Standby_Group1

I’ve added SW3 to the Router Group to fully demonstrate all States and behaviors, starting with an overview of the States and leading into an in depth review of each Router State, along with a Timers section worked into the Active State section!

Preemption is not completely reviewed in this post, but for context to the mentions during the HSRP states, Preemption being enabled on a Router allows it to take over as the Active Router if it has a higher Priority Value than the Active Router at any time when part of the network.

More on Preemption in the following HSRP post!

 

HSRP States over view and then an in depth review

 

Below is a high level overview of the Transition States and what they mean:

  • Disabled – Technically the first state HSRP is in, as HSRP is disabled on a Cisco switch by default, this state means HSRP is disabled / not running
  • Initial (INIT) – This is the initial startup state upon entering the HSRP configuration command, HSRP is not yet running
  • Learn – Indicates no Virtual IP is configured or has yet been detected from an Active Router from a Router Group member
  • Listen – Router knows of Virtual IP Address but is not yet Active or Standby
  • Speak – Router begins sending its own Hellos to participate in the Active / Standby router election
  • Standby – The Router is designated to take over as Active Router, only one Standby Router type in any given Router Group, continues to send periodic Hellos
  • Active – The Router is designated as the Active Router, handles all traffic forwarded to the Virtual Router IP / MAC, sends out periodic Hellos

For a more detailed look at all these, below will be each state reviewed to the extent needed for exam day, and possibly beyond.

Disabled state is exactly as it sounds, HSRP is disabled, this HSRP State can only be seen when actually removing the member from a Router Group by negating it at interface level:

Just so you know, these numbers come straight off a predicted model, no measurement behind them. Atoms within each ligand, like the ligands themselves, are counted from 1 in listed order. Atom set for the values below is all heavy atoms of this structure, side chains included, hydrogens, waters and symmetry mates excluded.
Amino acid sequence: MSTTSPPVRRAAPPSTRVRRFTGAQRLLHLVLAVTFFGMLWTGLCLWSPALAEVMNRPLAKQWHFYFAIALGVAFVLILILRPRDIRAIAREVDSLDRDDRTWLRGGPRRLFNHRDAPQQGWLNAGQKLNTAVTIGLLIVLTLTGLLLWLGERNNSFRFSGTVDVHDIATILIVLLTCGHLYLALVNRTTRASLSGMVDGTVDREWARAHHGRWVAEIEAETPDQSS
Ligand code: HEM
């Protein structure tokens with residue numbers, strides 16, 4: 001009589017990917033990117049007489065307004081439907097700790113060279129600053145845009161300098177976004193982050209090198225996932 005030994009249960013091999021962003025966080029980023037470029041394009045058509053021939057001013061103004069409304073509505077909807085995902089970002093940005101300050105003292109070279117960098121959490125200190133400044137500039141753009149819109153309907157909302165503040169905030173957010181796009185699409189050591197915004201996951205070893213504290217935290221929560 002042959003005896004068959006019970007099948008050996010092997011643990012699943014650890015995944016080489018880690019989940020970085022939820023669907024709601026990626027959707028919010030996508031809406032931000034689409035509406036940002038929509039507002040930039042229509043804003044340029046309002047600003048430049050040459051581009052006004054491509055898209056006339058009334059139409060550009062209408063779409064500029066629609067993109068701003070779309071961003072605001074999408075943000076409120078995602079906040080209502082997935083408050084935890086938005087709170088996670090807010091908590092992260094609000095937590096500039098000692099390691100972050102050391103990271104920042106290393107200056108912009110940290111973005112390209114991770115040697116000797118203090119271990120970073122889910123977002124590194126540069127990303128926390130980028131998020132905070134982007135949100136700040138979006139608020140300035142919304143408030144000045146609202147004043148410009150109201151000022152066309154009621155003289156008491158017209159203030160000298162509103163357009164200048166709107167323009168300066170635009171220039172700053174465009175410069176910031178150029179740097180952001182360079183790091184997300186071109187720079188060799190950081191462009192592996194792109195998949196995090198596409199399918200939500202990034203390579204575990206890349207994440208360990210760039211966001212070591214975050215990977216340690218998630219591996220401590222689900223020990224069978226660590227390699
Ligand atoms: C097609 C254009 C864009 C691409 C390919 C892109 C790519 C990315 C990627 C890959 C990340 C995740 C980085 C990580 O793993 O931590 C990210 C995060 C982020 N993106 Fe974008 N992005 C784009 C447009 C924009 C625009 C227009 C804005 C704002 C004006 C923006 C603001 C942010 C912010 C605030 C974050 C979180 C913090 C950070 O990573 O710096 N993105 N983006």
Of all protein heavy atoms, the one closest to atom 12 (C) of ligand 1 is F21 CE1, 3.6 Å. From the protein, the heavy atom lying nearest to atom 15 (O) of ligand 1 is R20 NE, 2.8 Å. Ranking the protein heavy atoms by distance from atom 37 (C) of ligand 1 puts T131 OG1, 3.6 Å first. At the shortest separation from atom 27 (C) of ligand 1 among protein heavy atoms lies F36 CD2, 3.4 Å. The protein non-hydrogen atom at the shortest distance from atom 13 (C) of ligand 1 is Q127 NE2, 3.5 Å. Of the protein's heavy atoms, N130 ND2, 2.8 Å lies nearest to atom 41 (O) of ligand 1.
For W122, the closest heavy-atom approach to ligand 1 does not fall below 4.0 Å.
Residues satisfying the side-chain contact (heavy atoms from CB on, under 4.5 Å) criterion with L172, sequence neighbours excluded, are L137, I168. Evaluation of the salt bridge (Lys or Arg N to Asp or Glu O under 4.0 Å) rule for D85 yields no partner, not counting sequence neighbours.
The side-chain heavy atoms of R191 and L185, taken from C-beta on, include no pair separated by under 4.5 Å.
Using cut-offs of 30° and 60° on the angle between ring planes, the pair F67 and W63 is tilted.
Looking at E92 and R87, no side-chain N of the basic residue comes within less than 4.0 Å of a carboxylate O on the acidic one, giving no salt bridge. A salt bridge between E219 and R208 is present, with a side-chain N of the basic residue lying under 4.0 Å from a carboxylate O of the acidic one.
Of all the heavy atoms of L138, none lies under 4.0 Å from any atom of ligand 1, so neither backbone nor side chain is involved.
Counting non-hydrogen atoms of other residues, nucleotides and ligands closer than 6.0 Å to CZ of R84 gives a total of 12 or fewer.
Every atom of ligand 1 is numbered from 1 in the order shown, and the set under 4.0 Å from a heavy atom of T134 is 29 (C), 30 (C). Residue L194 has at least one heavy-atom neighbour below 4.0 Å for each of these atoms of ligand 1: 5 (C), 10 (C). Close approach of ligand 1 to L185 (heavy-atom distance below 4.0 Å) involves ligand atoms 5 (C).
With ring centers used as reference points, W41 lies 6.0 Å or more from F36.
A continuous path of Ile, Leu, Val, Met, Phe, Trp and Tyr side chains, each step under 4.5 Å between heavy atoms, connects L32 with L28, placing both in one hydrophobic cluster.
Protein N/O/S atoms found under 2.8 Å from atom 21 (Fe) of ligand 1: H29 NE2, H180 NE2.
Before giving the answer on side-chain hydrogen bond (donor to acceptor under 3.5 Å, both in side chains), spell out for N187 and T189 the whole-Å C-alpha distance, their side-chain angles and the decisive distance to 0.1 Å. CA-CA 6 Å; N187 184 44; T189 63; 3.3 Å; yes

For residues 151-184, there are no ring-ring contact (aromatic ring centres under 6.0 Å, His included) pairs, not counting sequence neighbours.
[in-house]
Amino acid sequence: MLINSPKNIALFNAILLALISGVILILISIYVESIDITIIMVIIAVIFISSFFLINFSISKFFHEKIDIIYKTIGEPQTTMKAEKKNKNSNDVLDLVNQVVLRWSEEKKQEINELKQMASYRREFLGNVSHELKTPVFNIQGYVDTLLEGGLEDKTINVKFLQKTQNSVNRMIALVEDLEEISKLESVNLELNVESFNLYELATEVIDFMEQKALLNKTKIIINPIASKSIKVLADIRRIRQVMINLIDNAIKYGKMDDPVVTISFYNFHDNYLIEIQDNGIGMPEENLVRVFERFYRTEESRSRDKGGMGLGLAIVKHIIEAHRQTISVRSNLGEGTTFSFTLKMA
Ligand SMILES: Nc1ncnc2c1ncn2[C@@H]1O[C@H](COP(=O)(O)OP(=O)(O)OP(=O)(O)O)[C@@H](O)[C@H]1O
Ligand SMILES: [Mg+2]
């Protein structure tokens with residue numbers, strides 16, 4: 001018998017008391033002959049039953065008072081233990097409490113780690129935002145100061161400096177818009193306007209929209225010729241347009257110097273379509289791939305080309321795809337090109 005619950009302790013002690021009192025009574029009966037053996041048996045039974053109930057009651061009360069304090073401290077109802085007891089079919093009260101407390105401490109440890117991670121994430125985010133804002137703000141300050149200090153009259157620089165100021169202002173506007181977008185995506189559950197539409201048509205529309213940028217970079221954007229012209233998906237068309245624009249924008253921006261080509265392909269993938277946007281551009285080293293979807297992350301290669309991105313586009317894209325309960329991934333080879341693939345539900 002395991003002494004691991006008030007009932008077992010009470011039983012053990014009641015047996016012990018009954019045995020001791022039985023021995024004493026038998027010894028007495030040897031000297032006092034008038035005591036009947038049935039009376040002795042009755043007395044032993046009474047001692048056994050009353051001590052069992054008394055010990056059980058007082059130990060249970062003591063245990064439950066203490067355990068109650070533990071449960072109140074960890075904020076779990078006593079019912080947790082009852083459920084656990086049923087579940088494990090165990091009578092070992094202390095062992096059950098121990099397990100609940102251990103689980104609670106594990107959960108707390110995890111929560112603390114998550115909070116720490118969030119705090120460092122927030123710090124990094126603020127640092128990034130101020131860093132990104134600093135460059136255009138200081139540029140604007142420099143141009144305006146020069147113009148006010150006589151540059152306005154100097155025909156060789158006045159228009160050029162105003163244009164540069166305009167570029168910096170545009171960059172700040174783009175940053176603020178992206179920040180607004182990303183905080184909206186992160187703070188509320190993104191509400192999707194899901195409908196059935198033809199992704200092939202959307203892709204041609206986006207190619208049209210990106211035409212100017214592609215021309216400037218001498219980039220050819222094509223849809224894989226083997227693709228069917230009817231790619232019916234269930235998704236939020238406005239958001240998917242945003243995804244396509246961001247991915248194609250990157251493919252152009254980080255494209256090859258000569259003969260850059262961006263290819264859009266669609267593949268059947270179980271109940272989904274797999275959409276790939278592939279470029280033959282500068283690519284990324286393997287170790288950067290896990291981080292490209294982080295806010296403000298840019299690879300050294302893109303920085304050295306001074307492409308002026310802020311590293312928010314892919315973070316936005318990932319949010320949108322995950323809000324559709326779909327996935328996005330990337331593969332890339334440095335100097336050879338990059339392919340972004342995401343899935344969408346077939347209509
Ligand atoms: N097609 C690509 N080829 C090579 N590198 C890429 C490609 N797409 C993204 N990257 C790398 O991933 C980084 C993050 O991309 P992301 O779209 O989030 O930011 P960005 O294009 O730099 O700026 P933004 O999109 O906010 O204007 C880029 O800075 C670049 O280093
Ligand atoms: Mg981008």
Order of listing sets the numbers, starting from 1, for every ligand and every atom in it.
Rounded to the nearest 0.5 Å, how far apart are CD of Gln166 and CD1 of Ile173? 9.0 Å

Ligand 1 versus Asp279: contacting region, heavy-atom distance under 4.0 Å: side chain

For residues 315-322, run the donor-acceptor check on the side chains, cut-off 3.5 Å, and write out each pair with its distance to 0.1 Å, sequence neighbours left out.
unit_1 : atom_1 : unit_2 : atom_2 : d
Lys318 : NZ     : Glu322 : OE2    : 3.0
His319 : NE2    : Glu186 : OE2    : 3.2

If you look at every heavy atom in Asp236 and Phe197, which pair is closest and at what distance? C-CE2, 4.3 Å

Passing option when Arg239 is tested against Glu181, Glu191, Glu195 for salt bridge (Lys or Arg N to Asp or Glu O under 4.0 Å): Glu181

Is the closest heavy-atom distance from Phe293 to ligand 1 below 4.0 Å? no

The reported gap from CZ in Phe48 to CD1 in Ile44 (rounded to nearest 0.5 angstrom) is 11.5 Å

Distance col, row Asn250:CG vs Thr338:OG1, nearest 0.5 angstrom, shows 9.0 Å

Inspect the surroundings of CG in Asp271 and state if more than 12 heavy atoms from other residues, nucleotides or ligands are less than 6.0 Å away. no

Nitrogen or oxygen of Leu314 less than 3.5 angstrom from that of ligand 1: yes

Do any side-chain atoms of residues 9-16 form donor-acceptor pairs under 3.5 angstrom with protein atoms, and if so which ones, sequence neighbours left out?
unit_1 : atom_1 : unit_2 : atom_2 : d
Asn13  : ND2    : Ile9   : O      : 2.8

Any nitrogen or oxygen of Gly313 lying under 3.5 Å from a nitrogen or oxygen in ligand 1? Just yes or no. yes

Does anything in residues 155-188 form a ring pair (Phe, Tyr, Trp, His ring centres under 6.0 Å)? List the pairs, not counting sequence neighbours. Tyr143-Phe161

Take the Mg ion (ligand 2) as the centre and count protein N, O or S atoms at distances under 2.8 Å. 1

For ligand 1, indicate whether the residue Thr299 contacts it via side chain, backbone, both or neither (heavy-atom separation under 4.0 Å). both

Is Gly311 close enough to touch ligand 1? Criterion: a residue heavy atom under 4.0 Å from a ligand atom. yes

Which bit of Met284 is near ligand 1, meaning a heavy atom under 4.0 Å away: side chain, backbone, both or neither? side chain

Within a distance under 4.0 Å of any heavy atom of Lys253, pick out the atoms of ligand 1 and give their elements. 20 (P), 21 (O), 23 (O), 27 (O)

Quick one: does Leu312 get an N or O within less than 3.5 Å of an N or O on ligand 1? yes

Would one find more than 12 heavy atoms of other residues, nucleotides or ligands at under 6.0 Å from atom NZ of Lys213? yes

SW1(config-if)#no standby 10 ip 10.0.10.254
SW1(config-if)#
*Mar 1 00:26:46.913: %HSRP-5-STATECHANGE: Vlan10 Grp 10 state Standby -> Disabled
*Mar 1 00:26:46.913: %HSRP-5-STATECHANGE: Vlan10 Grp 10 state Standby -> Disabled

To verify the disabled state, you can either confirm it with “sh run int vlan #” to verify if any standby configuration is present per interface, or just “sh standby” to see if the HSRP instance in question is running on the Router:

SW3#sh standby
SW3#

This HSRP is globally enabled, whereas on exam day it may be asked in the context of a specific Router Group #, which if it is not enabled / running for the specific Router Group then it is in a Disabled state!

Initial state is the first state that HSRP transitions into once the configuration command is entered, as it is only seen if “sh standby” is issued immediately after entering the configuration on the interface:

SW3(config-if)#standby 10 ip 10.0.10.254
SW3(config-if)#do sh standby
Vlan10 – Group 10
State is Init (if min delay, 0 secs remaining)
Virtual IP address is 10.0.10.254

In researching cases that a Router might become “stuck in init” with HSRP, it is limited to IOS bugs published on Cisco’s website, so there is not a whole lot to test around this state.

This is also seen when the SVI with the HSRP configuration is shutdown from both the console output and in “show standby” output:

SW2(config)#int vlan 10
SW2(config-if)#shut
SW2(config-if)#
*Mar 1 00:07:13.087: %HSRP-5-STATECHANGE: Vlan10 Grp 10 state Standby -> Init
*Mar 1 00:07:13.087: %HSRP-5-STATECHANGE: Vlan10 Grp 10 state Standby -> Init

SW2(config-if)#do sh standby
Vlan10 – Group 10
State is Init (interface down)

This is pretty straight forward as the output tells you exactly what the issue is in “sh standby” output, this can also be seen when the Router is reloaded in console output:

SW2#reload
Proceed with reload? [confirm]
*Mar 1 00:30:15.839: %SYS-5-RELOAD: Reload requested by console. Reload Reason: Reload command.

*Mar 1 00:30:15.907: %HSRP-5-STATECHANGE: Vlan10 Grp 10 state Active -> Init